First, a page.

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Book Cover
Author Schneider, Stephen A., 1979- author.

Title You can't padlock an idea : rhetorical education at the Highlander Folk School, 1932-1961 / Stephen A. Schneider
Published Columbia, South Carolina : University of South Carolina Press, 2014


Description 1 online resource
Series Studies in Rhetoric/Communication
Studies in rhetoric/communication.
Contents Cover -- CONTENTS -- LIST OF ILLUSTRATIONS -- SERIES EDITOR'S PREFACE -- ACKNOWLEDGMENTS -- Introduction: The Highlander Folk School, Movement Halfway Houses, and Rhetorical Education -- CHAPTER 1: The Kairos of Educational Opportunity: The Development of the Highlander Idea -- CHAPTER 2: Labor Drama: From Collective Action to Collective-Action Frames -- CHAPTER 3: Labor Journalism: Shop Papers, Yearbooks, and Collective Identity -- CHAPTER 4: Literacy Education: Citizenship Schools and Community Organization -- CHAPTER 5: Music Education: Framing Processes as Direct Action -- Conclusion: Rhetorical Education as an Agency for Social Change -- WORKS CITED -- INDEX -- A -- B -- C -- D -- E -- F -- G -- H -- I -- J -- K -- L -- M -- N -- O -- P -- R -- S -- T -- U -- V -- W -- Y -- Z
Summary "You Can't Padlock an Idea examines the educational programs undertaken at the Highlander Folk School in Tennessee and looks specifically at how these programs functioned rhetorically to promote democratic social change. Founded in 1932 by educator Myles Horton, the Highlander Folk School sought to address the economic and political problems facing communities in Appalachian Tennessee and other southern states. To this end Horton and the school's staff involved themselves in the labor and civil rights disputes that emerged across the south over the next three decades. Drawing on the Highlander archives housed at the Wisconsin Historical Society, the Avery Research Center in South Carolina, and the Highlander Research and Education Center in Tennessee, Stephen A. Schneider reconstructs the pedagogical theories and rhetorical practices developed and employed at Highlander. He shows how the school focused on developing forms of collective rhetorical action, helped students frame social problems as spurs to direct action, and situated education as an agency for organizing and mobilizing communities. Schneider studies how Highlander's educational programs contributed to this broader goal of encouraging social action. Specifically he focuses on four of the school's more established programs: labor drama, labor journalism, citizenship education, and music. These programs not only taught social movement participants how to create plays, newspapers, citizenship schools, and songs, they also helped the participants frame the problems they faced as having solutions based in collective democratic action. Highlander's programs thereby functioned rhetorically, insofar as they provided students with the means to define and transform oppressive social and economic conditions. By providing students with the means to comprehend social problems and with the cultural agencies (theater, journalism, literacy, and music) to address these problems directly, Highlander provided an important model for understanding the relationships connecting education, rhetoric, and social change."-- Provided by publisher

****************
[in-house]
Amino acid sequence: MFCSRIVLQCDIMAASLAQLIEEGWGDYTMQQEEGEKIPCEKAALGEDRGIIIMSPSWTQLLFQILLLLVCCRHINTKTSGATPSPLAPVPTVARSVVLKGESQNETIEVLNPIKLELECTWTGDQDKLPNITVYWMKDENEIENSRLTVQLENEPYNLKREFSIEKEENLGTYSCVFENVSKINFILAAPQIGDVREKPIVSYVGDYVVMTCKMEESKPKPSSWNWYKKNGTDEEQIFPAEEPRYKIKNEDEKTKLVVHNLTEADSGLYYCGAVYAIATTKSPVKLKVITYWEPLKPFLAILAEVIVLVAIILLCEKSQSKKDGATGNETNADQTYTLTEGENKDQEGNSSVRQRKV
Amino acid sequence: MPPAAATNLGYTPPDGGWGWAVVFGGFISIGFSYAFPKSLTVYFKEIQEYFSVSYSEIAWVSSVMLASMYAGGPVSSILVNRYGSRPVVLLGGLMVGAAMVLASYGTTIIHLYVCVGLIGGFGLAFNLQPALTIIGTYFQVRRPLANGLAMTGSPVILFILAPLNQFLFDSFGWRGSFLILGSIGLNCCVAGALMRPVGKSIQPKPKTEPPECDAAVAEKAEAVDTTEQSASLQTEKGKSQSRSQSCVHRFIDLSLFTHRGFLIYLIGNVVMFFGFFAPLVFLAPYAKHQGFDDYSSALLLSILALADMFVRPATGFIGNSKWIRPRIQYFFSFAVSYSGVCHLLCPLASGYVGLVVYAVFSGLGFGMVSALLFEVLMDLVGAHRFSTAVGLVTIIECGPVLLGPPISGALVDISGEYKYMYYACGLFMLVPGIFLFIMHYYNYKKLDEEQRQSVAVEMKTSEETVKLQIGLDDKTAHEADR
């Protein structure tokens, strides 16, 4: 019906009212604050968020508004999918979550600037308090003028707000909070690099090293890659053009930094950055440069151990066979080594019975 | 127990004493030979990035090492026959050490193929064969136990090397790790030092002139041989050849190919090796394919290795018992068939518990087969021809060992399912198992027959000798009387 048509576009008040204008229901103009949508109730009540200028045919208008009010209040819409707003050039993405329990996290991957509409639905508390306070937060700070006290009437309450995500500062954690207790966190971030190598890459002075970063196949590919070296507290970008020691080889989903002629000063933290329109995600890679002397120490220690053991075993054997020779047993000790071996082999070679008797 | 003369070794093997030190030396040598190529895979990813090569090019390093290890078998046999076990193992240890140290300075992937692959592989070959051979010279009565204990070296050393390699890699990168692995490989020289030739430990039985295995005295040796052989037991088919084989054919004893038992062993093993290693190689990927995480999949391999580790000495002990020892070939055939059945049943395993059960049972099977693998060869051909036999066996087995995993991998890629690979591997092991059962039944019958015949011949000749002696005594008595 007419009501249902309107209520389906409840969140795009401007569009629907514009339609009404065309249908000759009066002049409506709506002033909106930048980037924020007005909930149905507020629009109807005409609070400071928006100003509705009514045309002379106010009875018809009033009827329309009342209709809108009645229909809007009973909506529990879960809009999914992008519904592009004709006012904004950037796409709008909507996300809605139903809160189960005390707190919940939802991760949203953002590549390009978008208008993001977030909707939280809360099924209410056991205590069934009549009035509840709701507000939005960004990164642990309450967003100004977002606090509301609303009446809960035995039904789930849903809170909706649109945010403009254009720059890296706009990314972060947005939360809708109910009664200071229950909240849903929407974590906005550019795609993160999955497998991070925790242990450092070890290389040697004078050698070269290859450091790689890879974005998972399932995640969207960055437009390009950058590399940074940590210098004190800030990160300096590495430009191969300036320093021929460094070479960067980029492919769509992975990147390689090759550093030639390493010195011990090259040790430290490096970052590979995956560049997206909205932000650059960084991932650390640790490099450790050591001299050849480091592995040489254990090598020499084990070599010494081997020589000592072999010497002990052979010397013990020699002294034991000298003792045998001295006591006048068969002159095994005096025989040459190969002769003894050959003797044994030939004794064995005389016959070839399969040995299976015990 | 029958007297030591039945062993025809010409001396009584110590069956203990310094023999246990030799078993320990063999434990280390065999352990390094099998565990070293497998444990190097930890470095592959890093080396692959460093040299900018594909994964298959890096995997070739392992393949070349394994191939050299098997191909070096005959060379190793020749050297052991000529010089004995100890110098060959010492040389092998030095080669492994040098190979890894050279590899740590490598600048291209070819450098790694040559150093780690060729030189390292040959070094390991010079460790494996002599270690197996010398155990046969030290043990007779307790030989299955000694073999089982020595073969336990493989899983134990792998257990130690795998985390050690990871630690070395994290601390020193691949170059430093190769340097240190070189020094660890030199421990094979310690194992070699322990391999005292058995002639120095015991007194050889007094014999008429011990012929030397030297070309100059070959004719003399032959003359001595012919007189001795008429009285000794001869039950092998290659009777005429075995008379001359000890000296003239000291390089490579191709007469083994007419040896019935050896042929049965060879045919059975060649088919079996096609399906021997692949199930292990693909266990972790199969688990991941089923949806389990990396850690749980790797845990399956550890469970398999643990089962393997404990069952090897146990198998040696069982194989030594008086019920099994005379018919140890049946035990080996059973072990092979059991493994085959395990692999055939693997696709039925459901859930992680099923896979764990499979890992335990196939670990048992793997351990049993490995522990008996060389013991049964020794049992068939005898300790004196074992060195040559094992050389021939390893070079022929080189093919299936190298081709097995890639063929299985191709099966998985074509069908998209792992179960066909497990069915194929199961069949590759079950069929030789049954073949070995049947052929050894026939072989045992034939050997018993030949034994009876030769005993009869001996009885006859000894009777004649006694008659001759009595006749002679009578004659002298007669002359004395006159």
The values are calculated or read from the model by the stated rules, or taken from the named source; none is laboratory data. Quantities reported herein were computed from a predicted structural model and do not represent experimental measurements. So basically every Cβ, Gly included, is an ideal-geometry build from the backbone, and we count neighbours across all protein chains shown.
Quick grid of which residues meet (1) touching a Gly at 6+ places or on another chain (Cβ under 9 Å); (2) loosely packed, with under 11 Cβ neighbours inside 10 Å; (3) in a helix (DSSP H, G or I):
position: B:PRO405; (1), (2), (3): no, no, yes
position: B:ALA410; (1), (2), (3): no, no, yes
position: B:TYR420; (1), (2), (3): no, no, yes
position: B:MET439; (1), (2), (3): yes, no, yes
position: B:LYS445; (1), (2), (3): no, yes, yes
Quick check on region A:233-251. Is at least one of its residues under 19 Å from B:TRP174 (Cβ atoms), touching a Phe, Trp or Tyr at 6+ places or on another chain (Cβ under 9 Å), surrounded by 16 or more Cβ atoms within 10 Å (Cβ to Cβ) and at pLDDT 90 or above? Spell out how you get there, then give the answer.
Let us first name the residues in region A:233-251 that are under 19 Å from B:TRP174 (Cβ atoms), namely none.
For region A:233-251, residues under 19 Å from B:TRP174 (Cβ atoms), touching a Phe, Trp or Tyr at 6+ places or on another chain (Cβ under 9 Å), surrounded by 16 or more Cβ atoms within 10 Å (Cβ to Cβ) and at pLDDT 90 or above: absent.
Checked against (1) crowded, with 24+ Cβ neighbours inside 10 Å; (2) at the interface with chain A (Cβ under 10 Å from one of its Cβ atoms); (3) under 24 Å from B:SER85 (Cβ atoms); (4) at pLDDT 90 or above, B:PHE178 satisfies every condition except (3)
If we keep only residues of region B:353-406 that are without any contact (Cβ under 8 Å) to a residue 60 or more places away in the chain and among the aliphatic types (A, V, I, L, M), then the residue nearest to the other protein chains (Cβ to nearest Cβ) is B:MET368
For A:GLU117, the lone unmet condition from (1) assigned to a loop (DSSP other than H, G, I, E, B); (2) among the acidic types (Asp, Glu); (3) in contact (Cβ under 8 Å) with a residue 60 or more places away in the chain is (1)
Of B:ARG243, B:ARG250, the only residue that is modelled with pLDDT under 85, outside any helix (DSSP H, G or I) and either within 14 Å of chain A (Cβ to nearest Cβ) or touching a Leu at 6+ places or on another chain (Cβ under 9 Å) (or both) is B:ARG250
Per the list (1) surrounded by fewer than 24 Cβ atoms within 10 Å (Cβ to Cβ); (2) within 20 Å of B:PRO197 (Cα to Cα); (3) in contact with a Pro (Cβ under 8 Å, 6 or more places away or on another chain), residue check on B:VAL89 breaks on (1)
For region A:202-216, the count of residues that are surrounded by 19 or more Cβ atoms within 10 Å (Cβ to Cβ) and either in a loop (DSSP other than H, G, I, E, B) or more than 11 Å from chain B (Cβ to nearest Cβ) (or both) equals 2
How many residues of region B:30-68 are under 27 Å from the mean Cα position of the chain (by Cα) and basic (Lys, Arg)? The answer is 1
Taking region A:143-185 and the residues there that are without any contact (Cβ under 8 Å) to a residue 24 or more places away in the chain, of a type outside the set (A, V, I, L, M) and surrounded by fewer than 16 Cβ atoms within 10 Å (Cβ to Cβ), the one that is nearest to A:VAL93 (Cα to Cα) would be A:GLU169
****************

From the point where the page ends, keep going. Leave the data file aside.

Language arts
Bibliography Includes bibliographical references and index
Notes English
Print version record
Subject Highlander Folk School (Monteagle, Tenn.) -- History
SUBJECT Highlander Folk School (Monteagle, Tenn.) fast
Subject Social change -- Southern States -- History -- 20th century
Rhetoric -- Social aspects -- Southern States -- History -- 20th century
Adult education -- Tennessee -- History -- 20th century
Working class -- Education -- Tennessee -- History -- 20th century
FICTION -- Fairy Tales, Folk Tales, Legends & Mythology.
FICTION -- Fantasy -- Short Stories.
EDUCATION -- Essays.
EDUCATION -- Organizations & Institutions.
EDUCATION -- Reference.
LANGUAGE ARTS & DISCIPLINES -- Communication Studies.
Adult education
Rhetoric -- Social aspects
Social change
Working class -- Education
Southern States
Genre/Form History
Form Electronic book
ISBN 9781611173826